Properly threading your needle can make a significant difference in preventing tangles. Ensure that the floss passes through the eye of the needle smoothly without any twists or loops. Straightening the floss before threading can help eliminate any potential tangles right from the start.

2.Use Shorter Thread Lengths

Working with shorter thread lengths can reduce the chances of tangling. Cut your embroidery floss into manageable lengths, typically around 18-24 inches (45-60 cm), depending on the project and stitch density. Shorter lengths are less prone to twisting, knotting, or catching on themselves during stitching.

3. Maintain Proper Thread Tension

Maintain consistent and moderate tension while stitching. Avoid pulling the floss too tightly, as it can increase the risk of tangling. Similarly, loose tension can lead to loops and knots. Find a comfortable tension that allows the needle to move smoothly through the fabric without straining the floss.

4. Separate Colors

When working with multiple colors of embroidery floss, separate and organize them. Keep the unused strands separate from the working strand to prevent them from tangling. One effective method is to use a floss organizer with individual compartments or separate them with clips or clothespins.

5. Stitch in One Direction

Consistently stitching in one direction can help minimize tangling. When you change stitching directions frequently, the floss is more likely to twist and tangle. Choose a stitching pattern that allows for continuous stitching in one direction, reducing the risk of thread entanglement.

6. Secure Loose Ends

Secure loose ends of the floss while stitching to prevent them from tangling or catching on other threads. This can be done by taking a few small backstitches or using a small piece of tape to temporarily hold the loose end in place. By keeping the ends secure, you maintain better control and reduce the likelihood of tangling.

7. Avoid Excessive Thread Handling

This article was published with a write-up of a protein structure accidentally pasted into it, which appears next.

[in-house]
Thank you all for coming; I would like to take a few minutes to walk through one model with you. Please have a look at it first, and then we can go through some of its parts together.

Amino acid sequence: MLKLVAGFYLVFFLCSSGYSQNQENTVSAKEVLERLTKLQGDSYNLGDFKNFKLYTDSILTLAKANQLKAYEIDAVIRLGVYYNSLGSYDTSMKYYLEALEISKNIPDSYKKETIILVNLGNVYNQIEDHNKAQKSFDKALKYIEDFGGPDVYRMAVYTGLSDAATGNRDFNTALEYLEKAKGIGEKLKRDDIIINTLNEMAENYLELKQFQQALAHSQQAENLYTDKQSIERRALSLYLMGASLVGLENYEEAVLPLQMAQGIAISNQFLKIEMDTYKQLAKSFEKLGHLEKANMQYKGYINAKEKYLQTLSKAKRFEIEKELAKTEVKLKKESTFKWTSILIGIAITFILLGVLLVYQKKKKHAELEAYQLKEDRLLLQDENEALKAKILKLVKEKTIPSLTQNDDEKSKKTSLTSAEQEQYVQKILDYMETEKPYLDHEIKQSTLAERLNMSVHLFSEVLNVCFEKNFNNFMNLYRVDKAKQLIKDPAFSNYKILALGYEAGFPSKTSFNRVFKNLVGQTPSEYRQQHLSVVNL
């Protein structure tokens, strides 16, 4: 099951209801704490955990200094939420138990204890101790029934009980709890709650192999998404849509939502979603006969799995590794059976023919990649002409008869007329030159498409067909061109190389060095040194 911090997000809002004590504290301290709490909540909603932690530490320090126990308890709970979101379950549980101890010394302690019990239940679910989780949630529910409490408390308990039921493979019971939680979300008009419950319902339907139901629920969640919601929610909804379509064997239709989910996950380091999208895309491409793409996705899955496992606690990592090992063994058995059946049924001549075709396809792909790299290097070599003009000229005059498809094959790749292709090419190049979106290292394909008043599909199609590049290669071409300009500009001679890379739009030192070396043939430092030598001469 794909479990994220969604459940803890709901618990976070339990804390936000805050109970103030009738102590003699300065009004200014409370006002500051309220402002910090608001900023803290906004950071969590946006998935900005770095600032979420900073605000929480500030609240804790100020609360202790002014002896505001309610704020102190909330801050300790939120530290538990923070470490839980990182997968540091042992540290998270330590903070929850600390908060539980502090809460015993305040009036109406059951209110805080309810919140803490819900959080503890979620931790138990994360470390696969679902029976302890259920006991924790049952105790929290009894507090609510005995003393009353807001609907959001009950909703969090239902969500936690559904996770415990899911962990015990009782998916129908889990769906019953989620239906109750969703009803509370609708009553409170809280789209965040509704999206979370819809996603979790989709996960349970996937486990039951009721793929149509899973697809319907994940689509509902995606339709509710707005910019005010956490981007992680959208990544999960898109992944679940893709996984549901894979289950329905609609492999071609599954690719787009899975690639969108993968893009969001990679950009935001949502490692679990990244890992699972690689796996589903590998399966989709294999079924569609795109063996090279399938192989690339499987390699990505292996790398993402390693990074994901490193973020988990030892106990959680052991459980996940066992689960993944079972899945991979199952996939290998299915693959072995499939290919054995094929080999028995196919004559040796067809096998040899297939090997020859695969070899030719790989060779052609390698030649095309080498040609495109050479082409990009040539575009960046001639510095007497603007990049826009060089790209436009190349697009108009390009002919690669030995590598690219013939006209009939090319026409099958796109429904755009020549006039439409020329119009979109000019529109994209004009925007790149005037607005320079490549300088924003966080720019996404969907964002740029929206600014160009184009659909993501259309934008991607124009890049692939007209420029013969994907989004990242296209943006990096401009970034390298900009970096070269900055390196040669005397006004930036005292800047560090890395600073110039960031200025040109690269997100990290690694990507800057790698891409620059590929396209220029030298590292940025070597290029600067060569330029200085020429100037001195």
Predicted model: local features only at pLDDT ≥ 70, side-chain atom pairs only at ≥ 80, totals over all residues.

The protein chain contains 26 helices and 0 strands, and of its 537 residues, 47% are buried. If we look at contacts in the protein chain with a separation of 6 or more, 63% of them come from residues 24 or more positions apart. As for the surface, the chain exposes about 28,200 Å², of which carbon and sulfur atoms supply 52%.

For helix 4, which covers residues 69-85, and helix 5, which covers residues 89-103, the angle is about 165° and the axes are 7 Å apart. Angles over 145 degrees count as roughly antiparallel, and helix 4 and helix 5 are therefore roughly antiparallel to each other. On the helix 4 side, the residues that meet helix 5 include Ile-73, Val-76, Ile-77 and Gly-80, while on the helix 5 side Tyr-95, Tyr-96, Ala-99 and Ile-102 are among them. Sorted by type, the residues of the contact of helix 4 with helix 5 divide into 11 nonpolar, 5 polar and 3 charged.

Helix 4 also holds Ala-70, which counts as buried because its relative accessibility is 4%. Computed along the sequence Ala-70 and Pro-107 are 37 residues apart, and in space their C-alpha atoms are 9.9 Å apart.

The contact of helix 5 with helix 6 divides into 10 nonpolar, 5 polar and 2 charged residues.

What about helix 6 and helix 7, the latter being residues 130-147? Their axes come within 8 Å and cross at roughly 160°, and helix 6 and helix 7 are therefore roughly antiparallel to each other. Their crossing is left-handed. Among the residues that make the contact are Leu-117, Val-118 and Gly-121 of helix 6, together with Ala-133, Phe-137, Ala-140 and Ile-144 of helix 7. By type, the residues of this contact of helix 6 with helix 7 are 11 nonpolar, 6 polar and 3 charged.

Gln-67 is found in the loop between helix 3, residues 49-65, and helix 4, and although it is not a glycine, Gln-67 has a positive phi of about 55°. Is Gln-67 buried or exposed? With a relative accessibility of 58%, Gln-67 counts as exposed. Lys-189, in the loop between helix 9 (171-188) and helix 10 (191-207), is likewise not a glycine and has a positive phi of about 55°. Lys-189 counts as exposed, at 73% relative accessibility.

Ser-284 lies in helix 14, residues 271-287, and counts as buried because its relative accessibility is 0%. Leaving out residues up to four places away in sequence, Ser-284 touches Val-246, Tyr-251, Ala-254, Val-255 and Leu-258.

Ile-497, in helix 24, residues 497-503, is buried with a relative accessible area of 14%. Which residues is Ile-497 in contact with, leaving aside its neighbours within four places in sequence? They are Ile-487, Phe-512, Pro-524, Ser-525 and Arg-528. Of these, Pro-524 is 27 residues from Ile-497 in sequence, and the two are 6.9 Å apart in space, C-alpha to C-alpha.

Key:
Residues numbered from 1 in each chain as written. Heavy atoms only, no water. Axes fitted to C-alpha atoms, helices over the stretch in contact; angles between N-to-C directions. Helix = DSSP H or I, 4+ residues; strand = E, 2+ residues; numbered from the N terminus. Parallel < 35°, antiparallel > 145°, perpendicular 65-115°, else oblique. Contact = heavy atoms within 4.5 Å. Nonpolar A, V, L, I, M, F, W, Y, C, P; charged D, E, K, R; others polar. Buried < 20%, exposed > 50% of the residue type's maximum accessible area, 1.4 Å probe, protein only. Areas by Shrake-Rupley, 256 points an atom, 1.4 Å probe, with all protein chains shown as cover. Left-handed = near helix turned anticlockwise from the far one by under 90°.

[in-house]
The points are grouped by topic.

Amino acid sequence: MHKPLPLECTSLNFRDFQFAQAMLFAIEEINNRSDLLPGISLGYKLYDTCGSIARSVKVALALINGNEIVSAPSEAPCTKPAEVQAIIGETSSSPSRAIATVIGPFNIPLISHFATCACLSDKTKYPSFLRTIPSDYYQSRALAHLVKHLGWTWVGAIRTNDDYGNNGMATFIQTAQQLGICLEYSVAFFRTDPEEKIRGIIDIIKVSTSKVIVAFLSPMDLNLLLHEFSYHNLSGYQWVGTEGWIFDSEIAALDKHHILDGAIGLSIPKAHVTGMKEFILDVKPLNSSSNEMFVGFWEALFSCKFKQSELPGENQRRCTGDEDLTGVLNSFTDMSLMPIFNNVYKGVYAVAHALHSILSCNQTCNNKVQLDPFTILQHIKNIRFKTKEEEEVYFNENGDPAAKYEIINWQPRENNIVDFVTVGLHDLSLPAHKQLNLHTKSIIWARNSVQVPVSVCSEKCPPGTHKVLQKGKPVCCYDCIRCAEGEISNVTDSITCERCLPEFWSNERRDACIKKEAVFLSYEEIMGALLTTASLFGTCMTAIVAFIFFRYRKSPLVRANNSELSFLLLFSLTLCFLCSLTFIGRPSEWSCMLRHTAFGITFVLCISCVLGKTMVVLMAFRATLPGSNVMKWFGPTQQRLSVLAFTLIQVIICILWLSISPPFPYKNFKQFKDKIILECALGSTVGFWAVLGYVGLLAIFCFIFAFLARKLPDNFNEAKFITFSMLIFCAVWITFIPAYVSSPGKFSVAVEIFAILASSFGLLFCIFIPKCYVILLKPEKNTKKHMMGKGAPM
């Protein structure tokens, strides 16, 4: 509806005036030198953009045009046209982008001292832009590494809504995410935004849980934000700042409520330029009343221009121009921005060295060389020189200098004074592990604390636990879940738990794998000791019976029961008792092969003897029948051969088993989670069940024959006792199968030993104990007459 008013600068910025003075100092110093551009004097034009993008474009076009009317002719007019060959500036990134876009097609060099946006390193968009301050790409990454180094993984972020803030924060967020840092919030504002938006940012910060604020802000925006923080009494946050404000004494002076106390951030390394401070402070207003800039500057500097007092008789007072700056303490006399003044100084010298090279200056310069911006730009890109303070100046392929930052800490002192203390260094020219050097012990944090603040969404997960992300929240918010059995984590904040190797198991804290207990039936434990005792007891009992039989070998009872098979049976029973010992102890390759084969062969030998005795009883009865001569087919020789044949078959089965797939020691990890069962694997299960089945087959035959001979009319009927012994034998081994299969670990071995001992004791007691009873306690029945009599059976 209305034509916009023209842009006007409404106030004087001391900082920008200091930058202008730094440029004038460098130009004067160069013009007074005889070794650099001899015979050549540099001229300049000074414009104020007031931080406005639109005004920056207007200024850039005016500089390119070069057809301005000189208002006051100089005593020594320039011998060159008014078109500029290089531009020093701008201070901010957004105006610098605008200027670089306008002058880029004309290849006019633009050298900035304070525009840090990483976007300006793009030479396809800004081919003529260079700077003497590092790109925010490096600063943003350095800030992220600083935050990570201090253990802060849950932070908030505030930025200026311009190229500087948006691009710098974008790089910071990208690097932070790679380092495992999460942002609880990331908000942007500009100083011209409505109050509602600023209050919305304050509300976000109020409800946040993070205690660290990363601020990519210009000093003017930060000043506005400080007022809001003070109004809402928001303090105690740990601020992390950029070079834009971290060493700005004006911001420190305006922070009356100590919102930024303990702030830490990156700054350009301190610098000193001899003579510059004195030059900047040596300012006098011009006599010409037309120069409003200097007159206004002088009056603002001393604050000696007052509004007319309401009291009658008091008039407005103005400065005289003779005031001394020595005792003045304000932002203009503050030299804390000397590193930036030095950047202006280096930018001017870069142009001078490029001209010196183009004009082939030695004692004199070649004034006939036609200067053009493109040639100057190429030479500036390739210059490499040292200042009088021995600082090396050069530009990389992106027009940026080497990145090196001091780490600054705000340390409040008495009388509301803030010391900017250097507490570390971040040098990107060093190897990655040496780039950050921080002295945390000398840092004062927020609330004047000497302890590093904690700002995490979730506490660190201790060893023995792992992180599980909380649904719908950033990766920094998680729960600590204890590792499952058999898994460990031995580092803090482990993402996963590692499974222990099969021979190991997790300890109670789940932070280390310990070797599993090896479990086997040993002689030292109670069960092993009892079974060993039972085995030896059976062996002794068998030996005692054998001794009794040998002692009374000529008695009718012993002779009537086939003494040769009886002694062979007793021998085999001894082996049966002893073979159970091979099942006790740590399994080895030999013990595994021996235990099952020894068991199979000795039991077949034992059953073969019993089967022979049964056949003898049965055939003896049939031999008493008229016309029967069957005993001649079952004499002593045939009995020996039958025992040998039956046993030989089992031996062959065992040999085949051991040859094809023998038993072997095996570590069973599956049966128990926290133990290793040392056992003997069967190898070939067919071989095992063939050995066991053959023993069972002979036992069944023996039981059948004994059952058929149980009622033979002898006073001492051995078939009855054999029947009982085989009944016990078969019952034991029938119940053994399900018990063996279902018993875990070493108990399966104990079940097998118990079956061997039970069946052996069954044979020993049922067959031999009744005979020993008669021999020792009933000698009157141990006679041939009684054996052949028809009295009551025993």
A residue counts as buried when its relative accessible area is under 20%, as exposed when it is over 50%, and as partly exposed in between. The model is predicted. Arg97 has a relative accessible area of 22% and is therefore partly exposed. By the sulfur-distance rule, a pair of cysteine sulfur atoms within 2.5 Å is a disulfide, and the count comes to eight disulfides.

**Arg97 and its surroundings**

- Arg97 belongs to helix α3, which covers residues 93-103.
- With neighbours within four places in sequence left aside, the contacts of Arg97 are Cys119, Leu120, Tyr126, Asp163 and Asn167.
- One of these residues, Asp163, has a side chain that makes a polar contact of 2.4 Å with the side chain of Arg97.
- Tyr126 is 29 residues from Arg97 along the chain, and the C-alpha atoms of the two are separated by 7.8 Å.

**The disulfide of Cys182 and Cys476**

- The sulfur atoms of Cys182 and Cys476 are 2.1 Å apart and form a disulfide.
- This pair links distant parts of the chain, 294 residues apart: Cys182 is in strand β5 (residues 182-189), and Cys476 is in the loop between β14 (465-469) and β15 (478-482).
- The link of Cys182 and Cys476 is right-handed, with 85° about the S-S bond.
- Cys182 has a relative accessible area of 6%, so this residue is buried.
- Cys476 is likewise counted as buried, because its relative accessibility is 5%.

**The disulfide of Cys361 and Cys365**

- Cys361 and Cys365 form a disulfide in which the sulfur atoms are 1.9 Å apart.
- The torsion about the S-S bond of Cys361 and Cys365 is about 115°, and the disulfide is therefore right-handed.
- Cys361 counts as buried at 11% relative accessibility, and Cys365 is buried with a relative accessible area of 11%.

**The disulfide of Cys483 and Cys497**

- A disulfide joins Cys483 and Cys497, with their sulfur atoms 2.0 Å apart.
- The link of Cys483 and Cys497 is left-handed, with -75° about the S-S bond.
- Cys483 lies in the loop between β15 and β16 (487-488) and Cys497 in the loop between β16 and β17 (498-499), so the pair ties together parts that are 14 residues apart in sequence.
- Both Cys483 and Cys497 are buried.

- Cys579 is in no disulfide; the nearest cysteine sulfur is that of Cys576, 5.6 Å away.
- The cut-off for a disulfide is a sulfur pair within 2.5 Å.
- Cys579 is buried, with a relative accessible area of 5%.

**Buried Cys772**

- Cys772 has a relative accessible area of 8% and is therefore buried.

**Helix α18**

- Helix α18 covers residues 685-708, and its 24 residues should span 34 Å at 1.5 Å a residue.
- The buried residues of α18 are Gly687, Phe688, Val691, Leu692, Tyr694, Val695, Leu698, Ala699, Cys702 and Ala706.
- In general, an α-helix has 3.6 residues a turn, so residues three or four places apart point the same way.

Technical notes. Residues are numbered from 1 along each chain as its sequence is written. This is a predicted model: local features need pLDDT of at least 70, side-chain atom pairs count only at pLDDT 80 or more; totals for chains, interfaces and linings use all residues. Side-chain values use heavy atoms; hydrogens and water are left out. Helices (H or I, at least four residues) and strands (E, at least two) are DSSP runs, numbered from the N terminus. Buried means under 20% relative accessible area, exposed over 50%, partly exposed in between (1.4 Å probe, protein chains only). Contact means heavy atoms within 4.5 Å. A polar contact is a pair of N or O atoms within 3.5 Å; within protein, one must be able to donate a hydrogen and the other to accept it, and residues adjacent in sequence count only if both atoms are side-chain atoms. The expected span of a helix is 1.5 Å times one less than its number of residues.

Minimize unnecessary handling of the floss during stitching. Excessive movement and handling can lead to twisting and tangling. Hold the floss loosely and allow it to flow smoothly through your fingers while maintaining control. Avoid unnecessary tugs, pulls, or dragging the thread across the fabric.

8. Regularly Untwist the Floss

As you stitch, the floss may start to twist. Regularly untwist the floss by gently holding the needle and allowing the floss to spin freely. This helps to release any accumulated twists and prevents tangling. Taking a moment to untwist the floss every few stitches or as needed can make a significant difference in preventing tangles.


How long does embroidery floss lasts?

According to the research, it lasts around 50 years which means you can use it over a longer period of time.

Why does my thread keep curling?

Most of the time it happens because of the improper thread tension as it gets too tight the thread starts to curl.

What is the best way to store embroidery floss?

Among all the ideas you’d get or apply to store the embroidery floss but storing them in a bag is always the top one to choose.

Final Thoughts

So, throughout this article we’ve shared the fundamental idea from why the embroidery floss get tangled to how to prevent them from it. The whole secret to keep embroidery floss tangle-free hides in the proper storage and some other tips and tricks to apply carefully since it is the common nature of the floss to get tangled mostly. From smart storage solutions to simple techniques for handling floss, we’ve explore tried-and-true methods that will ensure smooth, hassle-free stitching sessions. There are no more tiring hours to get frustrated for fixing this issue.

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Hey I’m Sherry Howes an expert in sewing, knitting, crocheting, and embroidery. With a passion for fiber arts and a talent for crafting, I Have spent years improving my skills and sharing knowledge with others. Whether teaching a class or creating a new project, I’m always excited to share my love of crafting with the world. I like researching new techniques and trends in the crafting arts community.